Wednesday, January 6, 2016

Epson Salt, who knew?

Epsom salts are magnesium sulphate heptahydrate, usually shortened just to magnesium sulphate (note also the American spelling “sulfate”). It was originally obtained by boiling down mineral waters at Epsom.
As it turns out, Epsom salts have a variety of uses that benefit athletes, those with injuries, those who want nice hair and those who really want a clean and shiny bathtub.

There is plenty of research relevant to other medical uses of Epsom salts. For instance, on my package of Epsom salts, instructions are also given for internal usage as a laxative — which does work and is actually FDA approved and probably the most common and generally known medical usage. Other uses of magnesium sulphate include the treatment of irregular heart rhythm, low blood magnesium, eclampsia, and severe tetanus.

But there appears to be simply nothing at all published about alleviating aches and pains or “detoxification.” Apparently, researchers just aren't interested, or (more likely) they simply can’t get funding for the work.

That’s right, as I grumbled to myself scooping up the salts from my already wet tub, I noticed the salts were actually cleaning it, same as those powdered cleaning products do, except the salts didn’t make me feel like I was choking on hazardous dust. 

Simply add some Epsom salts and dish washing detergent to a bit of water and bid bye-bye to dirty tubs and bathroom tiles.

When you’re done washing that tub, fill ‘er up with some hot water and throw in some more salts. Soaking in the tub after a good run or any form of vigorous exercise will help soothe sore muscles — which means you won’t feel achy the next day and tempted to skip out on your fitness routine. Epsom salts: keeping you on track to a fitter you.

Since it soothes sore muscles, a hot bath with Epsom salts is also beneficial to those with injuries. Whether you sprained your ankle or are treating that terrible back injury from a few years ago, soaking in Epsom helps because the magnesium in the salts reduces swelling.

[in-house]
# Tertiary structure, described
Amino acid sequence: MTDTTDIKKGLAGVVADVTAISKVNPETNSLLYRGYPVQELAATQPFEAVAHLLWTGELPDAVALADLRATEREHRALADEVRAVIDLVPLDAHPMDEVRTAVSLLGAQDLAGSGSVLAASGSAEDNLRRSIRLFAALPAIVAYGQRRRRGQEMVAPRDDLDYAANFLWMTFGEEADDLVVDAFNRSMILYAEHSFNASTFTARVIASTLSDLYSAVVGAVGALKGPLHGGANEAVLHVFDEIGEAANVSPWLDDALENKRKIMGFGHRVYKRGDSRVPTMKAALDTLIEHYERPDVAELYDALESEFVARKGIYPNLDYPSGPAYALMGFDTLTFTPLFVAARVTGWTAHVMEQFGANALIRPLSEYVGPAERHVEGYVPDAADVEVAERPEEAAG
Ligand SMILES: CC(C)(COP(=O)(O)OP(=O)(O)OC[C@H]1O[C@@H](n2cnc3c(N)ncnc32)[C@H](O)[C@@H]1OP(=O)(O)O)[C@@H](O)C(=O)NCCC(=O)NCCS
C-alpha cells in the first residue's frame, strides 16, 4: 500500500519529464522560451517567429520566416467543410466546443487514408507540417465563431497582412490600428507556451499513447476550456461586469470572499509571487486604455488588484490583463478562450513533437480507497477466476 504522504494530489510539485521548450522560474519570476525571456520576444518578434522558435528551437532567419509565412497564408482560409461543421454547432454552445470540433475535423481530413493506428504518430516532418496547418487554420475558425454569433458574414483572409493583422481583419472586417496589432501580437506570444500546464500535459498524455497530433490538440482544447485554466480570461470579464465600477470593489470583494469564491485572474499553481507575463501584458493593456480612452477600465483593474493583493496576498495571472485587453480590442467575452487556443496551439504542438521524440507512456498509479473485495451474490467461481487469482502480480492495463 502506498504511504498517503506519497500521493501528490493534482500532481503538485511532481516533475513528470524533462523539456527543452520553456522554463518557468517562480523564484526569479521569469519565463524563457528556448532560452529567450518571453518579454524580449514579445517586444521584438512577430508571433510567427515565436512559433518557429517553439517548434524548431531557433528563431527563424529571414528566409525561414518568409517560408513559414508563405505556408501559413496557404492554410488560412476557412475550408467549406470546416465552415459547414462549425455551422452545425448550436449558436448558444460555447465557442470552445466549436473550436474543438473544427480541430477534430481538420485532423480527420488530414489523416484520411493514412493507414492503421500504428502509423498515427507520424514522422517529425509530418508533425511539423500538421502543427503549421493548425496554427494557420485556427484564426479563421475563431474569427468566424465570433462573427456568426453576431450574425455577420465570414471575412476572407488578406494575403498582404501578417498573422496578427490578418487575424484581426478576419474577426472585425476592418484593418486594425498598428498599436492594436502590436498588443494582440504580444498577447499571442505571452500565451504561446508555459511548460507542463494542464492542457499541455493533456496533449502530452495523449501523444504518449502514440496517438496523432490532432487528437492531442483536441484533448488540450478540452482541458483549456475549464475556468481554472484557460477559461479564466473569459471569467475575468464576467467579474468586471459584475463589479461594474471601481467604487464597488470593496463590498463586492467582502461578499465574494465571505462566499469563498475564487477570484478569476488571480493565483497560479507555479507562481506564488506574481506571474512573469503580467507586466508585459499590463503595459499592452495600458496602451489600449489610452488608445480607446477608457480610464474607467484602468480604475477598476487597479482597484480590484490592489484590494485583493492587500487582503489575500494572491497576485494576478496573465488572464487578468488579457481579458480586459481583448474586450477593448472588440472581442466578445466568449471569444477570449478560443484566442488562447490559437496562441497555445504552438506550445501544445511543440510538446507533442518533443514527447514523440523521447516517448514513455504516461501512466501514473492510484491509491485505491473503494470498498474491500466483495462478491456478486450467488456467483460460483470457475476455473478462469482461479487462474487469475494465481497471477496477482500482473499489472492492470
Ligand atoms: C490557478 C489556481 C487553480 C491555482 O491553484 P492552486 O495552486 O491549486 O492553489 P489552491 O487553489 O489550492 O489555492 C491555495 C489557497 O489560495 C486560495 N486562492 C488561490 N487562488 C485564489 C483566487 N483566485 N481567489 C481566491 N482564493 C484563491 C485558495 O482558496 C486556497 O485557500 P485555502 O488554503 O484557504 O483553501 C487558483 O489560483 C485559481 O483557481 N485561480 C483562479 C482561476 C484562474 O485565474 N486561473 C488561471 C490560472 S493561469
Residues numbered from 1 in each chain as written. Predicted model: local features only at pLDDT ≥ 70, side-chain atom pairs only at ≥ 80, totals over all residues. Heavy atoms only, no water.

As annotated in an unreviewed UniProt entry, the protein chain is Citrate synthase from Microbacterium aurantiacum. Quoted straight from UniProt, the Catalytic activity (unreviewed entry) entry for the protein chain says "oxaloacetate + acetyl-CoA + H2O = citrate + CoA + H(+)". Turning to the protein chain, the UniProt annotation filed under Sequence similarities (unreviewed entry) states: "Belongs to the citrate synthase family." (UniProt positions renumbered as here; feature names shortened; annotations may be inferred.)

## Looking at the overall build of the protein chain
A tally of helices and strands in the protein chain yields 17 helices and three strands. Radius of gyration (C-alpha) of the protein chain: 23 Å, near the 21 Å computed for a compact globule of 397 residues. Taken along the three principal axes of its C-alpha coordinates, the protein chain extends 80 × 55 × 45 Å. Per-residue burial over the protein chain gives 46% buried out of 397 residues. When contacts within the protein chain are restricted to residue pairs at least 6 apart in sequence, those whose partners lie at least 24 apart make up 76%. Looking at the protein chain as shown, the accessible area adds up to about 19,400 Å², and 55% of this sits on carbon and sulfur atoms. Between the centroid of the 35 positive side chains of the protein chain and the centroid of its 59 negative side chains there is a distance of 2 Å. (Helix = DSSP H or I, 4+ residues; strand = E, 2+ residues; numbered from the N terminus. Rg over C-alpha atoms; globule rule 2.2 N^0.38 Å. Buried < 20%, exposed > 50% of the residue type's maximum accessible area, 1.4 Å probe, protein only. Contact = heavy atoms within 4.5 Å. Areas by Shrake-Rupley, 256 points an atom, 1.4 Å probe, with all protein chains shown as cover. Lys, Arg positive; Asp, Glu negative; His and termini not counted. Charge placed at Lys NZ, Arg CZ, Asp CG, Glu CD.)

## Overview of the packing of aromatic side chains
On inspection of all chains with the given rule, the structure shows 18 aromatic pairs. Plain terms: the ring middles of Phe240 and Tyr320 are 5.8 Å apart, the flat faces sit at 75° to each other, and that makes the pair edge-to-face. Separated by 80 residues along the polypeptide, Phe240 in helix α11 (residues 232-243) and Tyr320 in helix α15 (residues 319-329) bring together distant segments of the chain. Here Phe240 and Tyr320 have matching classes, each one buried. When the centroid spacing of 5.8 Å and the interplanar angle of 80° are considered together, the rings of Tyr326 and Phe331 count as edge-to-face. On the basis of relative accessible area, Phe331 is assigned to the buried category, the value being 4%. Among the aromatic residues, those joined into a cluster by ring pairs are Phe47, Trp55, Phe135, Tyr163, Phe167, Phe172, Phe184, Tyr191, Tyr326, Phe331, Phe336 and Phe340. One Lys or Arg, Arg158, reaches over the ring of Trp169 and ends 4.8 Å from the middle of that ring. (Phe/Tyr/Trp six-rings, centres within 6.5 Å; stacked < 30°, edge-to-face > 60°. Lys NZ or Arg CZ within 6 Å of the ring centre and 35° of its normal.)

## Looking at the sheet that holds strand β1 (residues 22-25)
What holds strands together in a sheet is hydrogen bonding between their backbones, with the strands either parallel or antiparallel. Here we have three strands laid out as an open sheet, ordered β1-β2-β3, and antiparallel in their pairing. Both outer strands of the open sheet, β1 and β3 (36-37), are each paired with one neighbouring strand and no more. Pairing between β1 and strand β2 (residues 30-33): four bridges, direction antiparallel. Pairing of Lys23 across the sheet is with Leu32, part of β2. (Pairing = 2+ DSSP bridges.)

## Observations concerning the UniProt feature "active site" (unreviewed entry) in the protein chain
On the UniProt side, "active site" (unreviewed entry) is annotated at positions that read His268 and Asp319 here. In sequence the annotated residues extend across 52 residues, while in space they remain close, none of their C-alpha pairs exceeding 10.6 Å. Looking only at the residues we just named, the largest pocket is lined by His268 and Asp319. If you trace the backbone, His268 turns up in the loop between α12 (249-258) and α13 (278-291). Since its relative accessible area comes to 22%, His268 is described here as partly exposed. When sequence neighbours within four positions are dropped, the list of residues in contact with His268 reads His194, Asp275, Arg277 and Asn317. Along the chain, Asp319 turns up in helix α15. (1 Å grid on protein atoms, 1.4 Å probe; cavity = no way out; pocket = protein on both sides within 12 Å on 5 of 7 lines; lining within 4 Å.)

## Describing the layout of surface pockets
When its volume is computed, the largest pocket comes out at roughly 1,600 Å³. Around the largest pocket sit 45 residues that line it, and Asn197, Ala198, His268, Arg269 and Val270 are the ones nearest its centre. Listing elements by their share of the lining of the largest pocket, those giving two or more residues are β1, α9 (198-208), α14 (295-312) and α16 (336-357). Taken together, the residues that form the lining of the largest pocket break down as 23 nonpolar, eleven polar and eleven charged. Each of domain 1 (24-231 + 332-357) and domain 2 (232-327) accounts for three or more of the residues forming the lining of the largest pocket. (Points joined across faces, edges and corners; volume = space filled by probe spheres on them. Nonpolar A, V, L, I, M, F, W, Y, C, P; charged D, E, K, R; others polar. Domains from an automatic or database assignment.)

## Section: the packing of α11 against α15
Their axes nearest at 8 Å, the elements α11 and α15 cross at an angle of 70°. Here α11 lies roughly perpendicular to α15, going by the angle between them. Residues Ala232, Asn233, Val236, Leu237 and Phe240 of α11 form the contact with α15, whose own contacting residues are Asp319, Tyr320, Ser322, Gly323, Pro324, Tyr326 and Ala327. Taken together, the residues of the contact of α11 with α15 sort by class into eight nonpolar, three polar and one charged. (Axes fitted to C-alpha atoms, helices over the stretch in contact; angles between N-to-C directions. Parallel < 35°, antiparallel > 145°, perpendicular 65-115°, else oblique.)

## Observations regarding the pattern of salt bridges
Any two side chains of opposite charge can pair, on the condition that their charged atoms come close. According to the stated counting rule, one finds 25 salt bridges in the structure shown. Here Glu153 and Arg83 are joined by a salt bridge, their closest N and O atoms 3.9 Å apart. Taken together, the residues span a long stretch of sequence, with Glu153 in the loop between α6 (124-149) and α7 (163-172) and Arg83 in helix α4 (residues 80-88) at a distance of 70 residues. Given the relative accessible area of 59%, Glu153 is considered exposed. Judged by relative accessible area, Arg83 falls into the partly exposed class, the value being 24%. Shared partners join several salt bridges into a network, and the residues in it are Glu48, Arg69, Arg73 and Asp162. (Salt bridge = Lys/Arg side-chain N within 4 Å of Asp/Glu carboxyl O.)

While it’s certainly conceivable that increasing levels of magnesium and/or sulphate ions in the bloodstream could help with some pain problems, it’s extremely unlikely that it would help enough different kinds of pain to be generally “good for” pain” This is a really important logical point! Nothing can be a magic bullet that will help all types of pain, or even more than a couple of them.

Similarly, Epsom salts probably cannot simultaneously perform the two tricks most often touted: “relieve pain” and “speed healing.” Those are completely different things.

Epsom salts can even add volume to dull, lifeless hair. Simply mix equal parts of Epsom salts and deep conditioner and warm it up in a pan. Make sure it’s not too hot because you are going to apply that mixture to your hair and leave it alone for about 20 minutes. Rinse and rejoice at your beautiful, bouncy hair.

And since they are salts and all, it should not really come as a surprise that it makes a great exfoliator. So while you’re in that shower, mix a handful of salts with a tablespoon of bath oil (olive oil works, too) and rub it all over your wet skin. Rinse away that dead skin and feel soft the rest of the day

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